Is That Your Blood Pressure, or Are You Just Happy to See Me?
I’m about 11 hours into my Blinatumomab administration and all the serious side effects are non existent. About an hour into the administration, my BP was up. Usually I’m borderline hypertensive around 140/80. However the monitor read 175/96. I was given and IV med and the BP is back down now. Dr. Cripe doesn’t think it will be an issue. High BP runs in the family (thanks mom and dad) and I’ve been on anti-hypertensives before. I might go on them again, we’ll see.
Day 2 and Day 7
I have a rock star team taking care of me. Today’s main concern was any hypersensitivity to the drug (side effects that would appear right away). So far I seem to be on track to not have those. There is always a potential for side effects to show up, but most apparently show on day 2 and day 7. Tomorrow is day 2, so we’ll see what happens. Day 7 will be next Wednesday. Hopefully all goes well.
While reading last night, I learned 2 things about Blinatumomab:
- As discussed, the drug works by linking T-cells to B-cells and then the T-cell causes the B-cell to die. I was trying to figure out if Blinatumomab makes the T-cells work like Honey Bees or African Bees. They work like African Bees.
- I’ve been curious how the heck Blinatumomab got its name and why they can’t just call it something like “Bob.” I happened upon the answer while investigating the Bee theory. I didn’t keep the citation, but here is what the study said, Blinatumomab’s name is derived from “B-lineage-specific antitumor mouse monoclonal antibody.” So there you go. I guess I should be thankful I can just say Blinatumomab instead of the longer version.
The Birds and the Bees
Apparently I need to explain the bee thing. And the explanation doesn’t involve birds. As you might know, the honey bee can only sting once. When it flies away, it leaves behind its stinger and part of its digestive tract. The honey bee then dies (awwwwww). An African bee on the other hand can sting repeatedly. In terms of Blinatumomab, a single T-cell can kill multiple B-cells. I’m not sure if the T-Cells put little stickers on their sides to keep track of their kills, but I’d like to think they do.
It’s been confirmed. I’m not the first person in Indiana to received Blinatumomab. Unfortunately they cancelled the news crew and took away my fruit basket. A patient at Riley did indeed receive Blinatumomab. But I’m still the first patient at Simon and the first adult patient. And since Simon is south of Riley, I’ll go ahead and claim the status of first patient in southern Indiana. You’ll want to make sure you keep the details straight. This might be a question on Jeopardy one day. Oh, and mom, the news crew and fruit basket thing was a joke.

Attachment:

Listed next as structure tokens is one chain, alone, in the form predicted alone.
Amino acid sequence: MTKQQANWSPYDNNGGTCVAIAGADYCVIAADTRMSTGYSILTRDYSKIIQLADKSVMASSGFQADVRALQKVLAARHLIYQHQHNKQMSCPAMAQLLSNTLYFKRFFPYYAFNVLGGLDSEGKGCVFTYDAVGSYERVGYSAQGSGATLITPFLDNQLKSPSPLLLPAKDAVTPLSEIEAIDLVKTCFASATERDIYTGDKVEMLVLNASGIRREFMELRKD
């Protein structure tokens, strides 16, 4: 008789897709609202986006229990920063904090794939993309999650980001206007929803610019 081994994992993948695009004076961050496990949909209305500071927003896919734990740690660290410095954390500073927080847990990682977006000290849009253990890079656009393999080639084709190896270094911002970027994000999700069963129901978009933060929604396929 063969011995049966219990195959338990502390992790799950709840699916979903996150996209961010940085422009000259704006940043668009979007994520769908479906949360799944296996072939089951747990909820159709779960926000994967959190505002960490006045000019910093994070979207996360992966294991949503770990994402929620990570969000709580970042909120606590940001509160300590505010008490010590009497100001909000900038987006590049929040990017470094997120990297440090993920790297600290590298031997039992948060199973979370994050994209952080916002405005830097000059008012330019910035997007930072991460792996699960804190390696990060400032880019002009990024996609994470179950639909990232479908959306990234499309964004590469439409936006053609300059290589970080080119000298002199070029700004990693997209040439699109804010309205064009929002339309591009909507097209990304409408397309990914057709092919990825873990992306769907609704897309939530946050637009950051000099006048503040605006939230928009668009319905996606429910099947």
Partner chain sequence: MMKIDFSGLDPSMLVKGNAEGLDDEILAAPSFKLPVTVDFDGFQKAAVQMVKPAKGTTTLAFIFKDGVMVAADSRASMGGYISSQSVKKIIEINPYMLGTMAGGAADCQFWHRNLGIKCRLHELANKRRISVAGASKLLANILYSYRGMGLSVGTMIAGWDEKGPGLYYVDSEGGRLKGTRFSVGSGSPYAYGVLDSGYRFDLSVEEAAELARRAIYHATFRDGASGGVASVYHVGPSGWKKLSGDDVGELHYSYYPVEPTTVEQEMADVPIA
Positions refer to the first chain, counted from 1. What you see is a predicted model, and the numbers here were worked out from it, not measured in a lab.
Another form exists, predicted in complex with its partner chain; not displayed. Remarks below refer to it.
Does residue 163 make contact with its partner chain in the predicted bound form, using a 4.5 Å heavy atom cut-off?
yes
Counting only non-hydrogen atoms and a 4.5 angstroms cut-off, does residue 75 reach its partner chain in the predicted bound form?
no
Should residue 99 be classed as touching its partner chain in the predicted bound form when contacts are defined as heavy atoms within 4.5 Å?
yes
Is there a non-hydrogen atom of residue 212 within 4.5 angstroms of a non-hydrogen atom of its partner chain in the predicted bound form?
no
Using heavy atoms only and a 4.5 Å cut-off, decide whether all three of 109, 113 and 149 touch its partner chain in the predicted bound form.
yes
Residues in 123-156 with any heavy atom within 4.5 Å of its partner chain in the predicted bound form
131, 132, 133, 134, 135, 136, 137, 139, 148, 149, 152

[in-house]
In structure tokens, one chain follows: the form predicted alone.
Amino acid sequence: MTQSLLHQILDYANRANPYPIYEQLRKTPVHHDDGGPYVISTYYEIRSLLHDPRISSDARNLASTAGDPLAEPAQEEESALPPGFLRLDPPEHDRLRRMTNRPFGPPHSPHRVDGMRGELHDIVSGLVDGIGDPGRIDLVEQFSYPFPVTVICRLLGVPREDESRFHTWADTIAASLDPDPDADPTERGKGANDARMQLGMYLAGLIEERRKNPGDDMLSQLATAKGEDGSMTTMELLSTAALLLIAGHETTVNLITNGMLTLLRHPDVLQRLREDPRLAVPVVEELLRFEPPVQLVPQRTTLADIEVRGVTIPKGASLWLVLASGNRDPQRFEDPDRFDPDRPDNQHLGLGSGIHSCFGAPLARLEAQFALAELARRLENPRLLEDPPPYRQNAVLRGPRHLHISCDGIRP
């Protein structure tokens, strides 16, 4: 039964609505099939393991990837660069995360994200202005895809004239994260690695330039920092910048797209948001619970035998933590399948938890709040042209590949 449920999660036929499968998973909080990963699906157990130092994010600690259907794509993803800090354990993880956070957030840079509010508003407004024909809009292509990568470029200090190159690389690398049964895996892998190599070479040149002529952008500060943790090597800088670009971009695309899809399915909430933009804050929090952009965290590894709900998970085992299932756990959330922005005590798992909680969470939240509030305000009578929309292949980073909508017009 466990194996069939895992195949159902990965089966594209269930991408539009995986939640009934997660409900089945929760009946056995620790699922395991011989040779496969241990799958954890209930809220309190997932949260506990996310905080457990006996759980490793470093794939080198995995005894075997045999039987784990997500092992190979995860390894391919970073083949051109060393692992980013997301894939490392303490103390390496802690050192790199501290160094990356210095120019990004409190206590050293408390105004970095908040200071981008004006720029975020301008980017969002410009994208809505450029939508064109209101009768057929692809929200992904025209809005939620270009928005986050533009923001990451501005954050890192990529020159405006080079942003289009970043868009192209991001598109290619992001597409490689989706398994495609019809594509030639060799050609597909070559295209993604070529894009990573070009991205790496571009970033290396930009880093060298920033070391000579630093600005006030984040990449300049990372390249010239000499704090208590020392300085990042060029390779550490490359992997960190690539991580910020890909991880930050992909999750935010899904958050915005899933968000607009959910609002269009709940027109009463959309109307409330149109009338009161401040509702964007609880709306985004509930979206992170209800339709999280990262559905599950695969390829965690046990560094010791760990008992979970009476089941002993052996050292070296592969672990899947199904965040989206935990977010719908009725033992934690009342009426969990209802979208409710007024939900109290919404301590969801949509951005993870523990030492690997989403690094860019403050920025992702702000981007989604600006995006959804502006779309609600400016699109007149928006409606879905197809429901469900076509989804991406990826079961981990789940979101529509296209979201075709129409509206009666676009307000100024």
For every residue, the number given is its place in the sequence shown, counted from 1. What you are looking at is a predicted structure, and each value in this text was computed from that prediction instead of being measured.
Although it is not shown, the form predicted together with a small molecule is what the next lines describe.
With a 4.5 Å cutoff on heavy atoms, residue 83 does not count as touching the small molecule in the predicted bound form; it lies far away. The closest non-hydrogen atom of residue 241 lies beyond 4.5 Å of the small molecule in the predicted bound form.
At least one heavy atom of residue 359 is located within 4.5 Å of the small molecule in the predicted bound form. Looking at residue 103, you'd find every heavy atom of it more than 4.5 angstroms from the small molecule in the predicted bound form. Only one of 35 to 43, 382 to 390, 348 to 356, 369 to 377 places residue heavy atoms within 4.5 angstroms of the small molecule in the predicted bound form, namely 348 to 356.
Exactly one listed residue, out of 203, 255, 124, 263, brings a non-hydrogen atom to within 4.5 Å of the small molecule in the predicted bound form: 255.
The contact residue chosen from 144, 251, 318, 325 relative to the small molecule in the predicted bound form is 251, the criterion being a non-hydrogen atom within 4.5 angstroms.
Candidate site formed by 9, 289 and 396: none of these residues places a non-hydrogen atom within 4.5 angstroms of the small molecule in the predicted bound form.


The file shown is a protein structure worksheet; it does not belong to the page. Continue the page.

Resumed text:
The 1970’s Called, They Want Their Bed Back
I have an interested bed. I think it’s original to the hospital. The mattress is fine and the bed functions, but it creaks when it moves and there are definite rust spots on some of the supports. A few nurses have noticed and asked “where did that bed come from?!.” Where indeed. I’m guessing there’s a sticker on here somewhere that tells me the year of manufacture. Maybe one day if I’m feeling up to it, I’ll try and find it.
Caringbridge to WordPress
For me, the transition from Caringbridge to WordPress has gone well. And considering I’m the one with cancer, this seems like a safe measuring stick. I do realize (now) that you have to have a WordPress account to like a post. Don’t worry about that. I may just remove the like button. I can see a count of how many people have accessed each post, which I couldn’t do on WordPress. Also, the WordPress integration to Facebook seems to be better as I get a lot of traffic from Facebook. I can also see countries where people are from. Or at least the countries they are bouncing their IP to to avoid the NSA. Who knew I had people reading in Morocco, Portugal, Spain, Aruba, and more.
And the Powerball Numbers Are:
They expect my counts to go down eventually, but my whites and platelets actually went up. I may also see my counts go up somewhat because I received Dexamethasone earlier today.
7/15/2015: WBC 1.4, Hemoglobin 9.2, Platelets 97
7/16/2015: WBC 1.5, Hemoglobin 8.9, Platelets 101
Acquiesce might not be the right word. It’s quite possible once Home Care got a hold of the right person that Anthem gladly approved my Home Care. However, I’m all about alliterations, so I went with acquiesce 🙂 I don’t know the details of the approval, but I did receive an email this morning form my nurse coordinator saying I am all approved for Home Care through IUH!
You might recall that my Uncle Jim got a new liver in June. Today he brought it by to show me. Well, not physically show me (or is that an option Jim?). But he had his clinic visit today and he and my cousin Michael stopped by for a visit. It’s always good to see family. Not always good when family sees each other because they both have serious medical concerns, but still good to see them. Aunt Marquita is on a girls trip and couldn’t make it. Uncle Jim should be back next week for another visit, so we’ll get to see each other again.
A Duck Dynasty Prayer
Father, I thank you for a good day. I thank you for no major side effects. I pray the drug is actively killing B-cells as it courses through my body. As I read more and more about the drug, I become more grateful that it exists and more thankful that it has a good chance of working. Remission is the goal. SCT is the next step. I ask both of these things in your name. Thank you for another day.